MCN Columnists
Leonard Klady

By Leonard Klady Klady@moviecitynews.com

The Weekend Report, May 6, 2012

Vengeance is a Dish Served Hot

The Avengers rewrote the record books with the biggest ever opening three-day weekend that’s estimated at $200.5 million. With $30 million more than the former champ, there’s little chance that the Monday actual will change Sunday’s ebullience.

The film was anticipated to open at $155 million-$165 million and had already done close to $300 million in its opening week in internationally, where it premiered in 30 territories prior to the U.S. So, the other majors all decided there was little point to bother to offer up counter-programming.

There was still a lot to be said for the limited bow of The Best Exotic Marigold Hotel that racked up $727,000 from a meager 27 engagements. The yarn of senior Brits looking for a golden age life in India has already amassed $70 million internationally.

Apart from the ballet nonfiction First Position that grossed $44,800 on five screen, incoming exclusives were ho-hum.

The Avengers accounted for roughly 80% of the weekend’s $250 million ticket tally. Its entry into the marketplace boosted revenues from last weekend by 131% and improved on last year’s record by 53%. In 2011 the marketplace leader was the Marvelously debuting Thor with $65.7 million with Fast Five as the runner up with $32.4 million in its sophomore session.

The industry rule of thumb is that cinematic behemoths going the Midnight advance route can expect 10-to-1 returns. The Friday announcement that The Avengers had accrued about $18.7 million from early screenings was unquestionably heartening. Removing that portion of the box office from the overall picture was provided a not insignificant Friday-Saturday box office boost and early estimates of $170 million to $180 million were quickly revised.

The response at Disney was not unexpectedly fulsome though they were hard-pressed to explain the better-than-anticipated returns. Distribution EVP Dave Hollis credited Marvel for cleverly “seeding the market” by successfully introducing the likes of Iron Man, Thor and Captain America in earlier film and establishing a movie fan base.

Exit demos revealed a 50/50 split for the over/under 25-year-olds with an overall 60% skew toward males. However, with response at this lofty level the size, regardless of demographic, was considerable. Roughly 52% of revenues derived from 3D engagements which accounted for 75% of the screen count. Imax engagements were 8% of the tally but they will largely disappear next weekend as they’ve been committed to the opening of Dark Shadows.

In general holdover titles took hits of 50% to 65%. The Hunger Games ascended into the top 15 all-time box office grossers and, Avengers notwithstanding, should settle in at position 13.

The French sensation Intouchables continues to perform in Québec at a level that’s comparable to international grosses that are nearing $350 million. Its U.S. distributor would be thrilled to equal some vaguely proportional to Québec’s current $1.7 million box office.


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Klady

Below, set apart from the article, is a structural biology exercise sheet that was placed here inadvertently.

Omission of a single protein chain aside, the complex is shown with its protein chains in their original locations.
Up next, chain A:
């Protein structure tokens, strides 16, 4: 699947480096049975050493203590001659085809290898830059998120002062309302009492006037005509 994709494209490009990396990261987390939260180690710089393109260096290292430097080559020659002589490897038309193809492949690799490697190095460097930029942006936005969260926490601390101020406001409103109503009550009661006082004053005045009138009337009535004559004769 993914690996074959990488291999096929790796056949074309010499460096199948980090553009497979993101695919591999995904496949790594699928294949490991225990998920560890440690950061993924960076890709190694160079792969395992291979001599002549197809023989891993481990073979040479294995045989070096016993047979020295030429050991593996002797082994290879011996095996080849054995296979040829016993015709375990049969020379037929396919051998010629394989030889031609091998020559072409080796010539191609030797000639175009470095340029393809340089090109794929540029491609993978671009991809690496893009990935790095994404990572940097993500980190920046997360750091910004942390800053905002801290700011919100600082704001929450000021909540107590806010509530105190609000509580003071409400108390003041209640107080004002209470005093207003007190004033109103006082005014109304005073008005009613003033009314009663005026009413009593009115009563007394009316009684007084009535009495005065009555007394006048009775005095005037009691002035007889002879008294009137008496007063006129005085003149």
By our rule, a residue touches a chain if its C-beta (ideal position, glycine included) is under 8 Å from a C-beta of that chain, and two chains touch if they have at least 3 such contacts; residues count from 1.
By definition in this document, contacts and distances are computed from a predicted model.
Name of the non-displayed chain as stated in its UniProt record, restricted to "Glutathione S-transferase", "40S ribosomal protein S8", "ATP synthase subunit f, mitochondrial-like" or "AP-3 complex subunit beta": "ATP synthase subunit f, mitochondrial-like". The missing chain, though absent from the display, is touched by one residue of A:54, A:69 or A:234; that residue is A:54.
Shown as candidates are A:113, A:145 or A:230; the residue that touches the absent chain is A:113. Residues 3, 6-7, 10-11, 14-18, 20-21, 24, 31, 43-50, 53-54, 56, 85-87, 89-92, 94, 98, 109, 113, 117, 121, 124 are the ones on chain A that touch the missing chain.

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“In the review, I referenced a painful and insidious stereotype solely in order to praise Ms. Rhimes and her shows for traveling so far from it. If making that connection between the two offended people, I feel bad about that. But I think that a full reading allows for a different takeaway than the loudest critics took. The same applies to your question about “less than classically beautiful.” Viola Davis said it about herself in the NYT magazine, more bluntly.  I commended Ms. Rhimes for casting an actress who doesn’t conform to television’s narrow standards of beauty; I have said the same thing about Helen Mirren in “Prime Suspect.” I didn’t think Times readers would take the opening sentence literally because I so often write arch, provocative ledes that are then undercut or mitigated by the paragraphs that follow. (links below) Regrettably, this stereotype is still too incendiary to raise even in arguing that Ms. Rhimes had killed it once and for all.”
Alessandra Stanley On Alessandra Stanley

“Fight Club was a movie where half the financing fell out before we started shooting. Bill Mechanic to his credit said: ‘I’m making this movie.’ Laura Ziskin, may she rest in peace, was there every step of the way saying: ‘Go, keep going, it’s great, we love the dailies, it’s amazing.’ When we cut the movie together and showed them the final thing is the first time everyone realized they were going to get fired. It’s a great cocktail story about doing this movie that’s so dark and twisted and then they see it and go, oh my god, what’s the poster here? How do we get people to see this? The marketing department shit all over the movie and said: ‘Men don’t want to see Brad Pitt with his shirt off and women don’t want to see him bloody so you’re fucked.’ So they devised a campaign for the film to sell it to people watching the World Wrestling Federation. I wanted to sell it as a satire. Madness. People go to the movies to see things they haven’t seen before. Call me a radical.”
~ David Fincher On Fight Club